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19-year-old American-Israeli hacker convicted on making thousands of bomb threats around world

An Israeli-American teen was convicted in a Tel Aviv courtroom on charges related to making menacing phone calls. He also faces charges in the U.S. (Motortion/Getty Images)

A 19-year-old American-Israeli hacker was convicted Thursday of making thousands of bomb threats to "airports, schools and Jewish community centers,” around the world, according to published reports.

What did he do?

Michael Kaydar was arrested in March 2017 for making more than 2,000 menacing calls from 2014 to 2017, the New York Post reported.

Kaydar was convicted in Tel Aviv District Court on Wednesday, the Jerusalem Post reported.

What were the charges?

The charges included "extortion by threat, sending fraudulent messages, conspiring to commit crimes, penetration of computer material, money laundering, attacking a policeman, unlawfully carrying a weapon and other offenses," according to the Jerusalem Post.

Kaydar faces a long prison sentence in Israel and was also indicted on hate-crime charges by the U.S. Department of Justice. His extradition to the U.S. was postponed as he was tried in Israel, reports said.

He reportedly used high-level technology to hide his tracks, and used the “dark net” to offer payments for people to make threats aimed at his chosen targets. One of his ads “offered to send a customized threat to a school for $30, with a surcharge to have someone framed,” according to the New York Post.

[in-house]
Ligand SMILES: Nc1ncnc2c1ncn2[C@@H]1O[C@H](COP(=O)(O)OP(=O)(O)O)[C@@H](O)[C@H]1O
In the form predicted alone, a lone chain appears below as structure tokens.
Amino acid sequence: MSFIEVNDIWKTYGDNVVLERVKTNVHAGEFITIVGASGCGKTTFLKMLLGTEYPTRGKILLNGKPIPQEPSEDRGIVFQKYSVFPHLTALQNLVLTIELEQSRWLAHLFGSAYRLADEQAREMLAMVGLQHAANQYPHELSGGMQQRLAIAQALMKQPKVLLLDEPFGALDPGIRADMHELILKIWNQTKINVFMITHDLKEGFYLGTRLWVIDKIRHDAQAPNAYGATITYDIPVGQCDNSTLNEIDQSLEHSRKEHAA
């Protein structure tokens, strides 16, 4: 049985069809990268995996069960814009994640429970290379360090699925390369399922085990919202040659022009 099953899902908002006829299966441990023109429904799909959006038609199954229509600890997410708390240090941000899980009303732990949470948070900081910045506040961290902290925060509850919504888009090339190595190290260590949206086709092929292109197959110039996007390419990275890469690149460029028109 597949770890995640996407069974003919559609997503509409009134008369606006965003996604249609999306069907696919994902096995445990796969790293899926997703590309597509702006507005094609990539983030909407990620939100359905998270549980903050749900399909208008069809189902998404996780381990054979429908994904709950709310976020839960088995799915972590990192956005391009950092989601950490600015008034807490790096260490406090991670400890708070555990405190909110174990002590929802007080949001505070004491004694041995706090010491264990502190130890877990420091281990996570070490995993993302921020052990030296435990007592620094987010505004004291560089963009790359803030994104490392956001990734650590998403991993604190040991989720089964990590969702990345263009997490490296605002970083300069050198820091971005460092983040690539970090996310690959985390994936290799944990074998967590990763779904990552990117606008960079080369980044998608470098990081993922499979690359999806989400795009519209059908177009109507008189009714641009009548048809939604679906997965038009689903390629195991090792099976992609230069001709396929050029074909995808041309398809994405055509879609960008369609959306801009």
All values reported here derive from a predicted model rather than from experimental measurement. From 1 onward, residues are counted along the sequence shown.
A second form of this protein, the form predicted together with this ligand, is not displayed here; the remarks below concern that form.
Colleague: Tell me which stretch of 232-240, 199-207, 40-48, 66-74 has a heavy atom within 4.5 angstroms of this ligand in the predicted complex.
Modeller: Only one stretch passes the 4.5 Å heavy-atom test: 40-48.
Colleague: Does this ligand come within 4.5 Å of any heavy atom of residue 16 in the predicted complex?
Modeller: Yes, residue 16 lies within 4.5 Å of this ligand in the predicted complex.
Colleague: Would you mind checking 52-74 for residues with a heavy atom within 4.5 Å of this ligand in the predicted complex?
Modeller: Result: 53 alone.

His phone calls led to mass evacuations and caused planes to make emergency landings. He also had threatened to execute children he was holding hostage, according to reports.

Kaydar told psychiatrists he did it because he was bored, according to reports.

“I did it out of boredom; it was like a game. I understand that it is forbidden. I am sorry, I won’t do it again,” court papers stated. “I like to see people running around in panic.”

What was his defense?

Kaydar’s parents and lawyers argued that he had a brain tumor that caused mental problems that prevented him from being able to understand his actions, according to reports.

“He’s not guilty — it was the tumor,” his mother said in March.

However, Judge Zvi Gurfinkel rejected the argument that Kaydar was mentally unfit to stand trial.

“He very much understands the significance of his actions,” the judge said in reports.

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